Edwin Elijah Perkins had a shipping problem. His business, the Perkins Product Company, had more than 125 household and food products in its catalog, ranging from pie filling to hair remover. The products were sold in retail stores, through distributors, and direct to consumers via door-to-door salespeople and mail order. And mail order was the problem.
A series of fruit-flavored beverage mixes called Fruit Smacks were among the company’s best selling items. Customers could combine the concentrated Fruit Smacks syrup with water to get a sweet soft drink.
Fruit Smacks were packaged in glass bottles that were both heavy and fragile. The weight made the product relatively expensive to ship. The propensity for breaks and spills make it very messy for both the package carrier and the customer.
Edwin Perkins was born in 1889. In about 1927 he converted the Fruit Smacks shipping problem into a huge opportunity for this business. Maybe this wasn’t much of a surprise to the folks who knew him. Perkins it seems was a confident and inquisitive serial entrepreneur and businessman.
If you read one of Perkins’ short biographies on Wikipedia, the NebraskaStudies.org website, or an old newspaper clipping, you learn that he began developing products and earning money at a pretty young age.
Perkins’ family owned a general merchandise store. “The family’s living quarters were in the back of the store and every member of the family had his duties in making the store a success,” wrote Walt Sehnert in an October 10, 2007 column for McCook Daily Gazette, in Nebraska.
“Young Edwin had an inquiring mind and proved to be a real pest in his mother’s kitchen, as he was constantly experimenting with various household ingredients in an attempt to invent new products for the family.
“At age 11, he ordered a junior chemist’s set from a mail-order house and began to develop his own line of useful products — from perfumes to flavoring extracts to healing salves for people and animals.”
The transition from kitchen chemist to opening the Perkins Product Company was not immediate. Edwin took a few detours along the way.
At age 13, he had become the postmaster for Hendley, Nebraska, according to the Nebraska Studies website. He also began to dabble in printing and launched a local newspaper, The Hendley Delphic.
Combining his knowledge of the postal service, his printing expertise, and his passion for medicines and household products, Perkins started a mail order business in the back of the Hendley post office. (Presumably, he never missed a shipping cutoff.)
By the time Perkins was 31 the company had moved to Hastings, Nebraska, and many of his products were marketed under the “Onor-maid” brand, which could be read both as “honor maid” or “owner maid.”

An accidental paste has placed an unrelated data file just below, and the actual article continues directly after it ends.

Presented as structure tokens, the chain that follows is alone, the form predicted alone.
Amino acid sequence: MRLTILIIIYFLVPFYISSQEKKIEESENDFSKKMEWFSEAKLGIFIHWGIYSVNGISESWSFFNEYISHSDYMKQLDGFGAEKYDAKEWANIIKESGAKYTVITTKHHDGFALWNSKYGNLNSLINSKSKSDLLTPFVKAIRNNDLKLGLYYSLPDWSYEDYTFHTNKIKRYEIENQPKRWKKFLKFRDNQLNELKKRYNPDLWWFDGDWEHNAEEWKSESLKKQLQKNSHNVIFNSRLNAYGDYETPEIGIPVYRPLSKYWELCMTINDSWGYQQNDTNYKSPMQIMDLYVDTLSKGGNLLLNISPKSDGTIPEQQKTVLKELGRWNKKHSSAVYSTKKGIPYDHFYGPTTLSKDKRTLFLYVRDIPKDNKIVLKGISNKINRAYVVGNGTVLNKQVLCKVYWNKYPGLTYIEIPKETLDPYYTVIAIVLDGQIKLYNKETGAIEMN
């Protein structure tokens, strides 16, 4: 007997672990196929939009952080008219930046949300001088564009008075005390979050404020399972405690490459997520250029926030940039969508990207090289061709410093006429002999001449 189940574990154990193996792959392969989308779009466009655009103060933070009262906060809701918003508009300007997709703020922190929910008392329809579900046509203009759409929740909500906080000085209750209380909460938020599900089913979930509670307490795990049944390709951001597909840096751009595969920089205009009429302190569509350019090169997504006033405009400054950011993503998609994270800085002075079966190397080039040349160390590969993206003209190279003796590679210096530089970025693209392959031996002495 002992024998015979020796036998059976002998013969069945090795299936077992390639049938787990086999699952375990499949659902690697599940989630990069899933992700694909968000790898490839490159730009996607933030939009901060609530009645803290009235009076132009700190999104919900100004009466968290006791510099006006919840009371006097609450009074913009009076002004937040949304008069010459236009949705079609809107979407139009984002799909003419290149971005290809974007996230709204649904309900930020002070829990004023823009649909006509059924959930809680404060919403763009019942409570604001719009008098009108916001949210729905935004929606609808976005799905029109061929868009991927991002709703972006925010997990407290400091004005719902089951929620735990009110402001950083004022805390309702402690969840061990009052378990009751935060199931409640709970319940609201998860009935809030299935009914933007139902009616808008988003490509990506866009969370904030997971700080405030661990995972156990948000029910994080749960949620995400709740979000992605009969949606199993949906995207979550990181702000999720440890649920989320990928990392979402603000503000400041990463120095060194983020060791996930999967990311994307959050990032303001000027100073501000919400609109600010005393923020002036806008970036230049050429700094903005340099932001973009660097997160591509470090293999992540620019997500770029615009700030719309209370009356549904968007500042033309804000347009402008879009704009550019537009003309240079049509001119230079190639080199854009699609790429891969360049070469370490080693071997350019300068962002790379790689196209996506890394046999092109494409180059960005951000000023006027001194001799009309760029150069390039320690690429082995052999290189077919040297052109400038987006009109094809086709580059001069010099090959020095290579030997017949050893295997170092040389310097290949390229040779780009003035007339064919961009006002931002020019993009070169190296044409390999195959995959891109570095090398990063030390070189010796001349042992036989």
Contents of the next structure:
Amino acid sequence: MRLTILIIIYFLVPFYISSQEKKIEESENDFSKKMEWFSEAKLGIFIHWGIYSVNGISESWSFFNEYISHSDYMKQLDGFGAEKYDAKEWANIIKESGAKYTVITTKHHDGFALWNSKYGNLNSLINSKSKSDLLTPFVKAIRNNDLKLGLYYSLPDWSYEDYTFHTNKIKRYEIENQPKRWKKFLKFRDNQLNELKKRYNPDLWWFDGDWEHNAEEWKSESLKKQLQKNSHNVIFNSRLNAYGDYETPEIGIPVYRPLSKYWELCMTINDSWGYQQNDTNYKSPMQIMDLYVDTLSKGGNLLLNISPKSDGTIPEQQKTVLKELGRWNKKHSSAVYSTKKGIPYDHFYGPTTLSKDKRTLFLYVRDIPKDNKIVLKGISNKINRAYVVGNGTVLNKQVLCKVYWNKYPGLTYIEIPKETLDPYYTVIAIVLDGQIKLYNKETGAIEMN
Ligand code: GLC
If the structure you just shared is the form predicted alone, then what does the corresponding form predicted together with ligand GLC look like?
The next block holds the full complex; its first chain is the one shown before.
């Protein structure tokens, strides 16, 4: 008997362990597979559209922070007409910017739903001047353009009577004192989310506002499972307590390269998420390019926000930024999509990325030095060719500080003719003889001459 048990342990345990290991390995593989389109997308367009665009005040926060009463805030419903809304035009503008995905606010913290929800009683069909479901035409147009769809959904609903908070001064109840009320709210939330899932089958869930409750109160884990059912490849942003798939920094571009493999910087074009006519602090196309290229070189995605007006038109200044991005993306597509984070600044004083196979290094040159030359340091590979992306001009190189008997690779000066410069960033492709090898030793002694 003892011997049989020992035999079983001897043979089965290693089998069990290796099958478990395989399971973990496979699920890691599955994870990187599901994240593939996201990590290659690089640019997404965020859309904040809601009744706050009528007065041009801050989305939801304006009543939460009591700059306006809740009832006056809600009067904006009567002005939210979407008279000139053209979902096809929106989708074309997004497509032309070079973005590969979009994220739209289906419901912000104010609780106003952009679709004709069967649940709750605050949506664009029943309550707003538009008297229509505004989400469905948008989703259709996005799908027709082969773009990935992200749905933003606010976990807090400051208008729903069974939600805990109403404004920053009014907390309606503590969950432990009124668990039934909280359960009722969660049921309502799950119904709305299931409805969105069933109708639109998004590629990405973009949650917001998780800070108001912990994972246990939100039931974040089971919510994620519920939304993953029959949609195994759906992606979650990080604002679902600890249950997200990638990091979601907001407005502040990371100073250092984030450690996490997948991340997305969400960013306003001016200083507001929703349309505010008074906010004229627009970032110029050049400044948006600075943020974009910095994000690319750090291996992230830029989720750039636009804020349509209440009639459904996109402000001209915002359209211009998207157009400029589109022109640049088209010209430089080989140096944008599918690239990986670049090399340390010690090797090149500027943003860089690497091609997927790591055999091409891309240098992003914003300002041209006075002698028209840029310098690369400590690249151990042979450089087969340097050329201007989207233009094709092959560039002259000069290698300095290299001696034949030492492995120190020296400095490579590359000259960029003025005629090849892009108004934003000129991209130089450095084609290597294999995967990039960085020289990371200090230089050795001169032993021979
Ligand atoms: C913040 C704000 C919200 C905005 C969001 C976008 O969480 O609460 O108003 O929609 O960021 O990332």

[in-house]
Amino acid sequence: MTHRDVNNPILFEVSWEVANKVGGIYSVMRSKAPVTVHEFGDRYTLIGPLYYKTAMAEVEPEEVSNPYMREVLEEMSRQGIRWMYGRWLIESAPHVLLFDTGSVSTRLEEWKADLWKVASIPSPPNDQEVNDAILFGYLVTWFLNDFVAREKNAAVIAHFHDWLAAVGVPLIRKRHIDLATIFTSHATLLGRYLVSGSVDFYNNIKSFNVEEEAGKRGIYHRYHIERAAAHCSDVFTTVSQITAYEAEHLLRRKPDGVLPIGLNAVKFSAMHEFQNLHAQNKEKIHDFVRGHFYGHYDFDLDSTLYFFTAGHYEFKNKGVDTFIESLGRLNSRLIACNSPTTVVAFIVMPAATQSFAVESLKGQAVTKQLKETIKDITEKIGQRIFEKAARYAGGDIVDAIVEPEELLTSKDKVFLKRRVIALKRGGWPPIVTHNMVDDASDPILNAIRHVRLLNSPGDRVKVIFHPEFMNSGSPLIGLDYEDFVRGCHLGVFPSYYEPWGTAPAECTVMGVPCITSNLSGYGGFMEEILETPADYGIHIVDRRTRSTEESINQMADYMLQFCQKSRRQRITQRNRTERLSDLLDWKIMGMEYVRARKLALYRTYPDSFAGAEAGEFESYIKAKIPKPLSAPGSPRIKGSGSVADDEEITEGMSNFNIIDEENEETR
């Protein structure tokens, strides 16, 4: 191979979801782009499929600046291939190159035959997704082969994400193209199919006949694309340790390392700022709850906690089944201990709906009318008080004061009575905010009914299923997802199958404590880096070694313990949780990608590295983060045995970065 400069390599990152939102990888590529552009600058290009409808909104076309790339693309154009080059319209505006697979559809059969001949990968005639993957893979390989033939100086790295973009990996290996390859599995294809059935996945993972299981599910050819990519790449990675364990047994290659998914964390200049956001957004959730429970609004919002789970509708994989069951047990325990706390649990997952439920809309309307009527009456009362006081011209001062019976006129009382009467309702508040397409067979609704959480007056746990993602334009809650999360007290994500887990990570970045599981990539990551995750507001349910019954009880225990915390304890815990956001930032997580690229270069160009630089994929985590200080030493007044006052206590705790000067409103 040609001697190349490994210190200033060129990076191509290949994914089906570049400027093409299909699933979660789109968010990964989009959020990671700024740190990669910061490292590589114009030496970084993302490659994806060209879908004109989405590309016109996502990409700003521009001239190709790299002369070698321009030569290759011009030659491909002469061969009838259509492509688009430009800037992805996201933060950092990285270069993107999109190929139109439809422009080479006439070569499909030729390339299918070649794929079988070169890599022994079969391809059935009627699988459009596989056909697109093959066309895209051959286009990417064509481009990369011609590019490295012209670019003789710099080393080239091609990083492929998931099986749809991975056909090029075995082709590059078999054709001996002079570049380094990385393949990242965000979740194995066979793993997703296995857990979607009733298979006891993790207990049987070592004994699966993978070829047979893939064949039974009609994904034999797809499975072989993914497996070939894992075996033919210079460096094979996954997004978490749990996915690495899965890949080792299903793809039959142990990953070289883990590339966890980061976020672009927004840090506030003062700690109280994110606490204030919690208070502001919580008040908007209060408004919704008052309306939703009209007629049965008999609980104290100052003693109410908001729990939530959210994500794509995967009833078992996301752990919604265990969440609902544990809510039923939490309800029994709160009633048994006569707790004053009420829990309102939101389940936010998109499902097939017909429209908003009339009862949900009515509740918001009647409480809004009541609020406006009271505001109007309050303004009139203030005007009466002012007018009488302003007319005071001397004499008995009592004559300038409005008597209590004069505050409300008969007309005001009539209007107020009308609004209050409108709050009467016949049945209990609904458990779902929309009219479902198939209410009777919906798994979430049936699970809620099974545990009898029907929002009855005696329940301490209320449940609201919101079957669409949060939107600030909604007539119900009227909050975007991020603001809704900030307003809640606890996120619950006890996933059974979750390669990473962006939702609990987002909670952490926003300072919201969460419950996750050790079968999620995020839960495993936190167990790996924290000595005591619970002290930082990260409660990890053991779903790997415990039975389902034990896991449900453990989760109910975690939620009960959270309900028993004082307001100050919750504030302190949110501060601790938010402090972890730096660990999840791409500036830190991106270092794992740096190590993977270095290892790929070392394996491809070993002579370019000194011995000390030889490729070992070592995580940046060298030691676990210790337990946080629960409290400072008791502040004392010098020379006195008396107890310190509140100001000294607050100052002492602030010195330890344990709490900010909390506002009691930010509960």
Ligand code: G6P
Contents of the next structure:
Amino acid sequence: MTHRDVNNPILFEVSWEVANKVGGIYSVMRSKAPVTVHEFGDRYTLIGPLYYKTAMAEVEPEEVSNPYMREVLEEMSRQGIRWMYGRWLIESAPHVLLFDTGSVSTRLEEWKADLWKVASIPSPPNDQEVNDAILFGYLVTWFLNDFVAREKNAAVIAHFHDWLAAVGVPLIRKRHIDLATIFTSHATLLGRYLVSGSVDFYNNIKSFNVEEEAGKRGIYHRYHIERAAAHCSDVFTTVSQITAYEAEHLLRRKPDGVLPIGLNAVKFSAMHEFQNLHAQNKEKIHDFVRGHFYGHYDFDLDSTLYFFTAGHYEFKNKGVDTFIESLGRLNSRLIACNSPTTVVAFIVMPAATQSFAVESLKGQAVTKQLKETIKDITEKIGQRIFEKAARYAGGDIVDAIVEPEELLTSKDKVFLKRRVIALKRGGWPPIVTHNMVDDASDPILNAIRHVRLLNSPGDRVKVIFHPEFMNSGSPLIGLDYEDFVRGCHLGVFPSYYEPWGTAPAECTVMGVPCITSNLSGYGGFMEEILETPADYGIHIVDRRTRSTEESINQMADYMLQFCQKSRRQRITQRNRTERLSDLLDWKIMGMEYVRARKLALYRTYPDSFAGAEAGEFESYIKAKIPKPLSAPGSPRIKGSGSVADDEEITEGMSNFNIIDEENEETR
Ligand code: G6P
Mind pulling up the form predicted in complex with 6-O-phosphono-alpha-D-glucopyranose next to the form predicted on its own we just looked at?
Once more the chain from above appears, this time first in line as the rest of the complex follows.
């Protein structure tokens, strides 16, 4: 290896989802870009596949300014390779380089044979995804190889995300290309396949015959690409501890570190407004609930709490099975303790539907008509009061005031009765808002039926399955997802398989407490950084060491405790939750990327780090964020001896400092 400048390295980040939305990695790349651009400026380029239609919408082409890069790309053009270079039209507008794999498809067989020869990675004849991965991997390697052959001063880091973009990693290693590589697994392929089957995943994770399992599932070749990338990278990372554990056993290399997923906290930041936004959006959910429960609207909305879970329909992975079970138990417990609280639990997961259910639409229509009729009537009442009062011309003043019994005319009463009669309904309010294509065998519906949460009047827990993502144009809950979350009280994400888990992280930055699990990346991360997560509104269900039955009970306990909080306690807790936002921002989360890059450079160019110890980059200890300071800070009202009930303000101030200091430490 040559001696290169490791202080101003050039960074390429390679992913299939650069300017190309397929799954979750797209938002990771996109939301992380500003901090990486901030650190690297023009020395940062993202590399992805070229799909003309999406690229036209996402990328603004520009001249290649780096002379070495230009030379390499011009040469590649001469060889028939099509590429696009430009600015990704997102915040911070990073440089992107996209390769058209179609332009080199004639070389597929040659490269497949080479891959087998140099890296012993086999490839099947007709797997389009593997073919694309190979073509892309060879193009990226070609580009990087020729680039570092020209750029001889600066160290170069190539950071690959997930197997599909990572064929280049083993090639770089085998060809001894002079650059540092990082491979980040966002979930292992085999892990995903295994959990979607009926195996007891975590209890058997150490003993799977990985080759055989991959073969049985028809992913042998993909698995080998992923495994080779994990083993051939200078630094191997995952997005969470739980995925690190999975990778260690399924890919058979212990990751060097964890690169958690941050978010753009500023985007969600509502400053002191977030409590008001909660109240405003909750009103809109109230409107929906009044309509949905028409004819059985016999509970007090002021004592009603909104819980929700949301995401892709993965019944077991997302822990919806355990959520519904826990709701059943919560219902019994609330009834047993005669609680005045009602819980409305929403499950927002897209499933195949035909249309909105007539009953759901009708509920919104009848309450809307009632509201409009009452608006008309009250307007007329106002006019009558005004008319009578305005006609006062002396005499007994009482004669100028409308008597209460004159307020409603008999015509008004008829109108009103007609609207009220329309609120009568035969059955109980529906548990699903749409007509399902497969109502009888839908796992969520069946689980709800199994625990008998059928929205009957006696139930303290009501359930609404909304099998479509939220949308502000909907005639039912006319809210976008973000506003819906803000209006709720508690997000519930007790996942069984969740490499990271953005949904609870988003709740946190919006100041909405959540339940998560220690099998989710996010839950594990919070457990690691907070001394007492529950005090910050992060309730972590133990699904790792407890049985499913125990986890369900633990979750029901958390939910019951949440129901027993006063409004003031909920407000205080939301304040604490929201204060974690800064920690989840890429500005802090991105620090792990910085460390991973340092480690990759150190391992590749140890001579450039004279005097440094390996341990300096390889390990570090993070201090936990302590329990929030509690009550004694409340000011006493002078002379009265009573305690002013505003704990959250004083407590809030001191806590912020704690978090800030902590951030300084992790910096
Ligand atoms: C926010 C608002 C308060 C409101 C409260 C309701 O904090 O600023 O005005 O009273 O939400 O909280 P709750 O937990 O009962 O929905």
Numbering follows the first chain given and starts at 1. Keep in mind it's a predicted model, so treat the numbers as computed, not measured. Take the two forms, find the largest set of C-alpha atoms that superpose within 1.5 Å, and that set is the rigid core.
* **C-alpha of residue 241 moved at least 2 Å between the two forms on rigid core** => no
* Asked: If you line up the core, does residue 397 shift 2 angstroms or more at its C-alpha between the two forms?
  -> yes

It is was this line that had grown to include retail and distribution sales channels. And it was this line that included Fruit Smacks.
Inspired by Jell-O — which had been a good seller in the family store — and the work he had done perfecting fruit pectin powders as part of the “Onor-maid” line, Perkins began experimenting with Fruit Smacks, “focusing on the right mixture of dextrose, citric acid, tartaric acid, flavoring, and food coloring.” Eventually, he developed a powdered, dehydrated version of Fruit Smacks that could fit in tiny, easy-to-ship packages.
Perhaps to differentiate the new powdered drink mix from its syrupy predecessor, Perkins created a new brand name. The product name was originally spelled Kool-Ade, but by 1934 it had taken on the more familiar spelling, Kool-Aid.
Kool-Aid became so popular that Perkins dropped every other product to focus just on the powdered drink mix. His company grew, moved to Chicago, and employed more than 300 folks by the time he sold it to General Foods (which has since merged with Kraft) in 1953.
While Perkins story may be interesting — perhaps you hadn’t known or guessed he invented Kool-Aid — it should also be relatable. Every ecommerce business will face problems and setbacks. But a problem doesn’t have to lead to failure.
“After experimenting with ‘asphaltum-laminate paper’ (which leaked black, tarry material into the product) and hard waxed bread wrapping paper (resulting in envelopes which wouldn’t stay glued shut), Edwin settled on a soft waxed paper inner liner and a lithographed outer envelope in bright colors.”
“Finances were a problem, too. Back in 1923, banks in Hastings would not lend money to expand Perkins Products, so Edwin turned to private individuals for loans… When it came time to develop the powdered soft-drink business, Edwin again borrowed from a private source and mortgaged the factory building on First Street for $10,000.”
While I am in no way encouraging taking loans or mortgaging your property, Perkins actions demonstrated his resolve. He knew he wanted to own his own business, just like his parents had, and he had the resolve to succeed.
Perhaps Perkins’ example can inspire you and your ecommerce business.